MS: Bodleian Library, MS Eng. Lett. c. 22
Unpublished. BACK

[1] John Milton (1608–1674; DNB), Paradise Lost (1667), Book 4, lines 810–813. The spear of Ithuriel could penetrate any disguise, and revealed Satan, who had assumed the form of a toad. BACK

[2] St Basil (c. 330–379), founder of eastern monasticism. A pseudonym used by Southey when writing in The Flagellant (1792). BACK

[3] In December 1792, Thomas Paine (1737–1809; DNB) was tried and convicted in absentia for seditious libel. BACK

[4] William Pitt, the Younger (1759–1806; DNB), Prime Minister 1783–1801 and 1804–1806. BACK

[5] Alexander Pope (1688–1744; DNB), The Dunciad (1728), Book 4, line 188. BACK

[6] John Reeves (1752–1829; DNB), barrister and writer, who on 20 November 1792 established the Association for Preserving Liberty and Property against Republicans and Levellers at the Crown and Anchor tavern in the Strand, London. BACK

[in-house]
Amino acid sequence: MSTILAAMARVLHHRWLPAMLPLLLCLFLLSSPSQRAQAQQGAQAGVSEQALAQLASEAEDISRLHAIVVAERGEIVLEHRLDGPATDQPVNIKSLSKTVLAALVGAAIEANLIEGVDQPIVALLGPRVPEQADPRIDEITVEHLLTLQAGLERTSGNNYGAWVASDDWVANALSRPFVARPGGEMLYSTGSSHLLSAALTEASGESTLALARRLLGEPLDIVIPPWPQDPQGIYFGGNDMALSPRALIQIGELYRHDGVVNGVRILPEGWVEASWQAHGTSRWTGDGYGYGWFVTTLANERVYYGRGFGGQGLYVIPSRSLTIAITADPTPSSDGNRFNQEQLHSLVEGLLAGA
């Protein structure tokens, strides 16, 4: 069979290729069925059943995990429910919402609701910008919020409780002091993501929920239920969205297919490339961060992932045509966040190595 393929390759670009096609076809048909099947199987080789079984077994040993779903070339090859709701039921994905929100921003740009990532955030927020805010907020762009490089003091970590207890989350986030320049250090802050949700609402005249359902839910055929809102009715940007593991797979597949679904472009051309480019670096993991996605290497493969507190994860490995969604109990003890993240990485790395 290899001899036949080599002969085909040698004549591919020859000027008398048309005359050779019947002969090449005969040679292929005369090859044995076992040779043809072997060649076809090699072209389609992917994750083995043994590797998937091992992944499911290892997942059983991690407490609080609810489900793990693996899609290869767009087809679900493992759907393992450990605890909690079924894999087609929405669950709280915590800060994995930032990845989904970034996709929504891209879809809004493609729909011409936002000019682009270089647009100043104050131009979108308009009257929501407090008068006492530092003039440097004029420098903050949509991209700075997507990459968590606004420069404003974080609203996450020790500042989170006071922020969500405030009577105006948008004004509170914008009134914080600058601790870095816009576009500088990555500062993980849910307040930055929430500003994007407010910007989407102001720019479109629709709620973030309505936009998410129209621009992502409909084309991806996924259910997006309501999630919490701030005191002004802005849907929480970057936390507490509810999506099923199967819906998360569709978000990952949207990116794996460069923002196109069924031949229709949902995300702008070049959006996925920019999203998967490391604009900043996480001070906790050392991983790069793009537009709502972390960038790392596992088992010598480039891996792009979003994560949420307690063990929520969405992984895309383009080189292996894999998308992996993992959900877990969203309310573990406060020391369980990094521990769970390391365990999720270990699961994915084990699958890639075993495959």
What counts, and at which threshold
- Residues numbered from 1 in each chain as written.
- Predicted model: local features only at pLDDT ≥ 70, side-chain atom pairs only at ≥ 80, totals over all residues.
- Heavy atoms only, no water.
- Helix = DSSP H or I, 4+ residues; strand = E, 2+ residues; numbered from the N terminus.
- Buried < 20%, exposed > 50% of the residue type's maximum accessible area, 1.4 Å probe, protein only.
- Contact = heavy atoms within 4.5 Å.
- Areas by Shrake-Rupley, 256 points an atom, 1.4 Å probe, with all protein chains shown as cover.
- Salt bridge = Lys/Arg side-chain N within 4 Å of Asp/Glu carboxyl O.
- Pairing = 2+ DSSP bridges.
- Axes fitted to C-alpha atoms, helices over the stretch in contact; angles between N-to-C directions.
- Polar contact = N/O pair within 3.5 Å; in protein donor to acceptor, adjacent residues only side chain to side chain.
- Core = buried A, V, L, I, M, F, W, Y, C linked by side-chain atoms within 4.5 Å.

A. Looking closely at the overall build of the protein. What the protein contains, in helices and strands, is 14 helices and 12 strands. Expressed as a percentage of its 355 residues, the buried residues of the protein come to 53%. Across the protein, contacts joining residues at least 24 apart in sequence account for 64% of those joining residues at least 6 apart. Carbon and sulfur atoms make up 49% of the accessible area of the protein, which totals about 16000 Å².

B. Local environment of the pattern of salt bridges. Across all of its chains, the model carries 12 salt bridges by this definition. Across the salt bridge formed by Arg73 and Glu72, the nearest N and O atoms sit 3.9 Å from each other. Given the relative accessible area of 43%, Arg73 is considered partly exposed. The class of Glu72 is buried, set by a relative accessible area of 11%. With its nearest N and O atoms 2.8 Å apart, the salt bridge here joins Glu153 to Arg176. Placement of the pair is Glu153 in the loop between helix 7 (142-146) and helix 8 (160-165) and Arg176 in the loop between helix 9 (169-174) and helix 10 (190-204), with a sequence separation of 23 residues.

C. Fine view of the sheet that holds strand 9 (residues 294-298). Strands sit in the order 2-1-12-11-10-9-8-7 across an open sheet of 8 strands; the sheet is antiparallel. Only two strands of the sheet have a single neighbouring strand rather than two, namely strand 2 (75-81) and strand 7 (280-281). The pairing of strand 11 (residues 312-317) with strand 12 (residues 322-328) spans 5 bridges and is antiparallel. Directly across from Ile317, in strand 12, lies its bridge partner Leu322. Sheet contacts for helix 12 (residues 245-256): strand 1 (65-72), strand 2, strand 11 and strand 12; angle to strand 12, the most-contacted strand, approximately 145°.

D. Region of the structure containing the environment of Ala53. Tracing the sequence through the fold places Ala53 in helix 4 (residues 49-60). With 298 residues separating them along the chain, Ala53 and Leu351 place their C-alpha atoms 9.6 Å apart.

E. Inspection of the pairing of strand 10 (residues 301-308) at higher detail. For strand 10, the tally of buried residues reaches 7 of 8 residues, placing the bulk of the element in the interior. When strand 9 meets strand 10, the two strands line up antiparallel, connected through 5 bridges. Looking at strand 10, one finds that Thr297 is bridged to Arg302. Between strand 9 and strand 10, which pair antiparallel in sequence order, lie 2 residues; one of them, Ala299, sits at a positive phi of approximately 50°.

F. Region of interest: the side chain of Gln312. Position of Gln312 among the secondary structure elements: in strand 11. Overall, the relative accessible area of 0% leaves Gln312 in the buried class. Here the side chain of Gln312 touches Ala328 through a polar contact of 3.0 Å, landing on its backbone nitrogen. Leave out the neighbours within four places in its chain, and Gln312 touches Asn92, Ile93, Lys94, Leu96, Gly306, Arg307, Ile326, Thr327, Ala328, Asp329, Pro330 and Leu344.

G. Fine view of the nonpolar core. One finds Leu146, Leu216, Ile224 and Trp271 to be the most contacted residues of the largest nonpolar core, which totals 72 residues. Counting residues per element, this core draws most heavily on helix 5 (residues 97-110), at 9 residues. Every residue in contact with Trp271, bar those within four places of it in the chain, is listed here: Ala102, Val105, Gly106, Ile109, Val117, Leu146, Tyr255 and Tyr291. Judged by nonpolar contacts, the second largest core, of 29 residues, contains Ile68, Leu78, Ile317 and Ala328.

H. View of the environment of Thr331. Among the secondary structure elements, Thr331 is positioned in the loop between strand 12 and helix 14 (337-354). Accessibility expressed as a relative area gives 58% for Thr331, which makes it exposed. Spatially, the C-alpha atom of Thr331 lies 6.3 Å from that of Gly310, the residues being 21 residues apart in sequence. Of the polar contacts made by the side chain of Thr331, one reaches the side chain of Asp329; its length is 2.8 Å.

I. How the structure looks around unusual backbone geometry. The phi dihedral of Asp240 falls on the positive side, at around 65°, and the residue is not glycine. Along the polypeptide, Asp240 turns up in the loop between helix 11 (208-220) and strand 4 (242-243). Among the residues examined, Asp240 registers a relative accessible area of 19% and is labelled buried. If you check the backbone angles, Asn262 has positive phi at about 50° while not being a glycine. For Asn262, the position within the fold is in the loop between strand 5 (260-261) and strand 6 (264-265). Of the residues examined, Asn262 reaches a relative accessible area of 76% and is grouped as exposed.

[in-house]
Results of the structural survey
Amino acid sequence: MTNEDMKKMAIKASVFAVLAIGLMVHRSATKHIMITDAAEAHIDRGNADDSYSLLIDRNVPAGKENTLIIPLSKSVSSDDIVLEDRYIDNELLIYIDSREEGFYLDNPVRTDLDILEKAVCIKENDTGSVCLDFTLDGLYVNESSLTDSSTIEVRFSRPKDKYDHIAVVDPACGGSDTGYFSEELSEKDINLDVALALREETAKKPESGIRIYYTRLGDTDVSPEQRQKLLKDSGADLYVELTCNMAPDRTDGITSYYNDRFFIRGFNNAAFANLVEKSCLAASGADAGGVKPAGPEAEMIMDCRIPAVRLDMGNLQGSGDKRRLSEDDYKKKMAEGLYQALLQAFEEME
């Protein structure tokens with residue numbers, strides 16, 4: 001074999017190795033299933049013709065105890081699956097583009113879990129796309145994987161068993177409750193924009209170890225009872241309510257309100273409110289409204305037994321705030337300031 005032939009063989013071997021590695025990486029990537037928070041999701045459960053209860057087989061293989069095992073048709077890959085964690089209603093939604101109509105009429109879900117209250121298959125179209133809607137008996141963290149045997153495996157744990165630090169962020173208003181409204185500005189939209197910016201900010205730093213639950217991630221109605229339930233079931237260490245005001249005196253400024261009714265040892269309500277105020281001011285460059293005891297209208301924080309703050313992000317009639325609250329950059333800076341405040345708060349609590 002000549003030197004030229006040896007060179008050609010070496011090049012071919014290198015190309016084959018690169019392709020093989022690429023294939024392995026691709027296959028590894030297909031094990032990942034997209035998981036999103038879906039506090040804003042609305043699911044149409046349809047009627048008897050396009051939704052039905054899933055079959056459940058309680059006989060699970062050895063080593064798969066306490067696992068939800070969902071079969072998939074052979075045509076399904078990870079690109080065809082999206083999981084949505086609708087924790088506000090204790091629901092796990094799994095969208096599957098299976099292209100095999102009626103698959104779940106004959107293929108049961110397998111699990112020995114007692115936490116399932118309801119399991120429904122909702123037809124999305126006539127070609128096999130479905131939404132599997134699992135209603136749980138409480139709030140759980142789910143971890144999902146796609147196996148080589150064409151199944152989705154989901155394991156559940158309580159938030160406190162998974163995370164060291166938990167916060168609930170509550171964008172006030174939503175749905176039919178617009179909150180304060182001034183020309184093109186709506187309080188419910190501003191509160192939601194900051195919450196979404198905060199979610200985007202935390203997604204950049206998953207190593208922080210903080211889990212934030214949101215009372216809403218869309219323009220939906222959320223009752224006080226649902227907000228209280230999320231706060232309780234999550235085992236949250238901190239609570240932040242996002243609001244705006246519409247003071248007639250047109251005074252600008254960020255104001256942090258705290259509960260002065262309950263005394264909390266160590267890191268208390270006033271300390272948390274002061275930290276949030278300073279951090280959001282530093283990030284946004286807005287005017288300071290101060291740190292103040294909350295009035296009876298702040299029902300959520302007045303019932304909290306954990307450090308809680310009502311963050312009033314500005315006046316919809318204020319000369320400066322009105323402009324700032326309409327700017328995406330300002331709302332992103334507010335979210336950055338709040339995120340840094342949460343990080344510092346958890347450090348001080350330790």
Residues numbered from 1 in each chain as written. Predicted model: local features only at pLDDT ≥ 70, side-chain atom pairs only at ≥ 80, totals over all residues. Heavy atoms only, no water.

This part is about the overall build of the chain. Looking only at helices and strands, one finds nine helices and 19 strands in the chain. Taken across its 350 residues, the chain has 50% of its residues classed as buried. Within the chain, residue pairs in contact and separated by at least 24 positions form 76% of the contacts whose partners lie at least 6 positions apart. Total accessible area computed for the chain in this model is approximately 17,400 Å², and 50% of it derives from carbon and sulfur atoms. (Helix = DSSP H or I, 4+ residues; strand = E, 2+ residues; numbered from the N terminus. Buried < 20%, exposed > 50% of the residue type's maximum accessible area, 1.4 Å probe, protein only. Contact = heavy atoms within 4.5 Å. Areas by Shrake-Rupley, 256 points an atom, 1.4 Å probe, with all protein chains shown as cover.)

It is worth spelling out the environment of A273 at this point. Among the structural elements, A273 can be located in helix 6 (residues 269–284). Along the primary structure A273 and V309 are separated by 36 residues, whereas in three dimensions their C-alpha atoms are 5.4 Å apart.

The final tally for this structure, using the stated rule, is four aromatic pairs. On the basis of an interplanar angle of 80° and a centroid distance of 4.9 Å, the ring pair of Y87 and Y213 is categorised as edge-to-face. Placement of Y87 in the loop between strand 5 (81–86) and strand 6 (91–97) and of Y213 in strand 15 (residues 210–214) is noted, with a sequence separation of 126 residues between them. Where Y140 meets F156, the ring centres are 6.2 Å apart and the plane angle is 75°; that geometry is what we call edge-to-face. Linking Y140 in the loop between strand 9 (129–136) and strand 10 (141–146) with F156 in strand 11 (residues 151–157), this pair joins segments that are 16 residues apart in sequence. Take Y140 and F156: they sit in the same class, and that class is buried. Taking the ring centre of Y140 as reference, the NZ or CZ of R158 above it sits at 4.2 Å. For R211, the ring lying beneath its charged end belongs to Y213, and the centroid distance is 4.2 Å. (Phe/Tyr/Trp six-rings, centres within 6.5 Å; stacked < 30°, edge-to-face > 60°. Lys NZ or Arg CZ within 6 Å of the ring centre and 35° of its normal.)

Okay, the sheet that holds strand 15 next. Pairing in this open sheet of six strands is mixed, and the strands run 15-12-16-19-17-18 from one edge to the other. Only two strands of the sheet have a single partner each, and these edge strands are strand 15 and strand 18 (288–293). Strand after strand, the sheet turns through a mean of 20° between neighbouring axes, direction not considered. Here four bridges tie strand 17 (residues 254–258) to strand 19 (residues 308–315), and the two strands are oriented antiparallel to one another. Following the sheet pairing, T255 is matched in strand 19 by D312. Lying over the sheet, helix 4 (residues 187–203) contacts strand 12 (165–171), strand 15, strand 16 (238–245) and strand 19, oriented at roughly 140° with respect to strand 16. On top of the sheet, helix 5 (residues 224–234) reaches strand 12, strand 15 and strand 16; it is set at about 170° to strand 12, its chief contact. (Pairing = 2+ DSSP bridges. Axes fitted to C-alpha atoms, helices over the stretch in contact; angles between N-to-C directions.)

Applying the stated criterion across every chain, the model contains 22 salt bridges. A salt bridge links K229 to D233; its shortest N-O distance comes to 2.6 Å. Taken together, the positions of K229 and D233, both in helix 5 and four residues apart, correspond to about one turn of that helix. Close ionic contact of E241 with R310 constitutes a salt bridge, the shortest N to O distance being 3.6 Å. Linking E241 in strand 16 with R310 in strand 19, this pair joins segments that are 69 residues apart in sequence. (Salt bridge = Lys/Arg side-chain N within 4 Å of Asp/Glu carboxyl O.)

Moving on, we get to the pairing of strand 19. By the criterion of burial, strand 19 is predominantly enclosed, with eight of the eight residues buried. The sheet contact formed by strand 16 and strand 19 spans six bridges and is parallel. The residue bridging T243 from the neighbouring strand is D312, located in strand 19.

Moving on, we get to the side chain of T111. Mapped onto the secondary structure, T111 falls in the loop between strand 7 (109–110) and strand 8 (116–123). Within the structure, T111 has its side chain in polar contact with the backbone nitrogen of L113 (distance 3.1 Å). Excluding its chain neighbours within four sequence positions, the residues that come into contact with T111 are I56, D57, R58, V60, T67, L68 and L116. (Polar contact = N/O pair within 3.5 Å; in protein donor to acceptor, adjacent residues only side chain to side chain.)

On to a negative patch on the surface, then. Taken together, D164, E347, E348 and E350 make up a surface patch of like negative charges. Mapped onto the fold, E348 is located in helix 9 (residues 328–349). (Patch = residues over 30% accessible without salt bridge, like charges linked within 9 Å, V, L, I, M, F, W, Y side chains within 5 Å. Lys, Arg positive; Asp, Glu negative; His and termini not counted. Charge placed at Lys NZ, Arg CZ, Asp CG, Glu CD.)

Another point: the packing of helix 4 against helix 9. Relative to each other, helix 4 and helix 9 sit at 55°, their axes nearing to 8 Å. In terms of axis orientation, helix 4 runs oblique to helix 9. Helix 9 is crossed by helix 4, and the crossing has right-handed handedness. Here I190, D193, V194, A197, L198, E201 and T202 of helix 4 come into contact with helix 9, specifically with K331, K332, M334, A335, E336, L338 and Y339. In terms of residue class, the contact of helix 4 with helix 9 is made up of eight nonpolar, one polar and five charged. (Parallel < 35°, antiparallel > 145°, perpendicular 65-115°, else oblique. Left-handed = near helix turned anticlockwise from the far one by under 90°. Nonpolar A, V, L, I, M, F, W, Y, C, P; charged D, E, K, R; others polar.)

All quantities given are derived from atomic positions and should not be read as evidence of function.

[7] John Leake (1729–1792; DNB), man-midwife who published a Dissertation on the Properties and Efficacy of the Lisboa Diet Drink in the Venereal, Scurvy, Gout &c. (1767), an alleged cure for syphilis, ‘The French Disease’. BACK

[8] John Moore (c. 1730–1805; DNB), Archbishop of Canterbury, 1783–1805. BACK

[9] Honoré Gabriel Riqueti, Comte de Mirabeau (1749–1791), French writer, orator and politician. In 1792, his secret dealings with the French Court were revealed, leading to his posthumous denunciation by fellow-revolutionaries. BACK

[10] Horace (65–8 BC), Ars Poetica, line 139. The Latin translates as ‘The mountains will be in labour and a ridiculous mouse will be brought forth’. BACK

Published @ RC

March 2009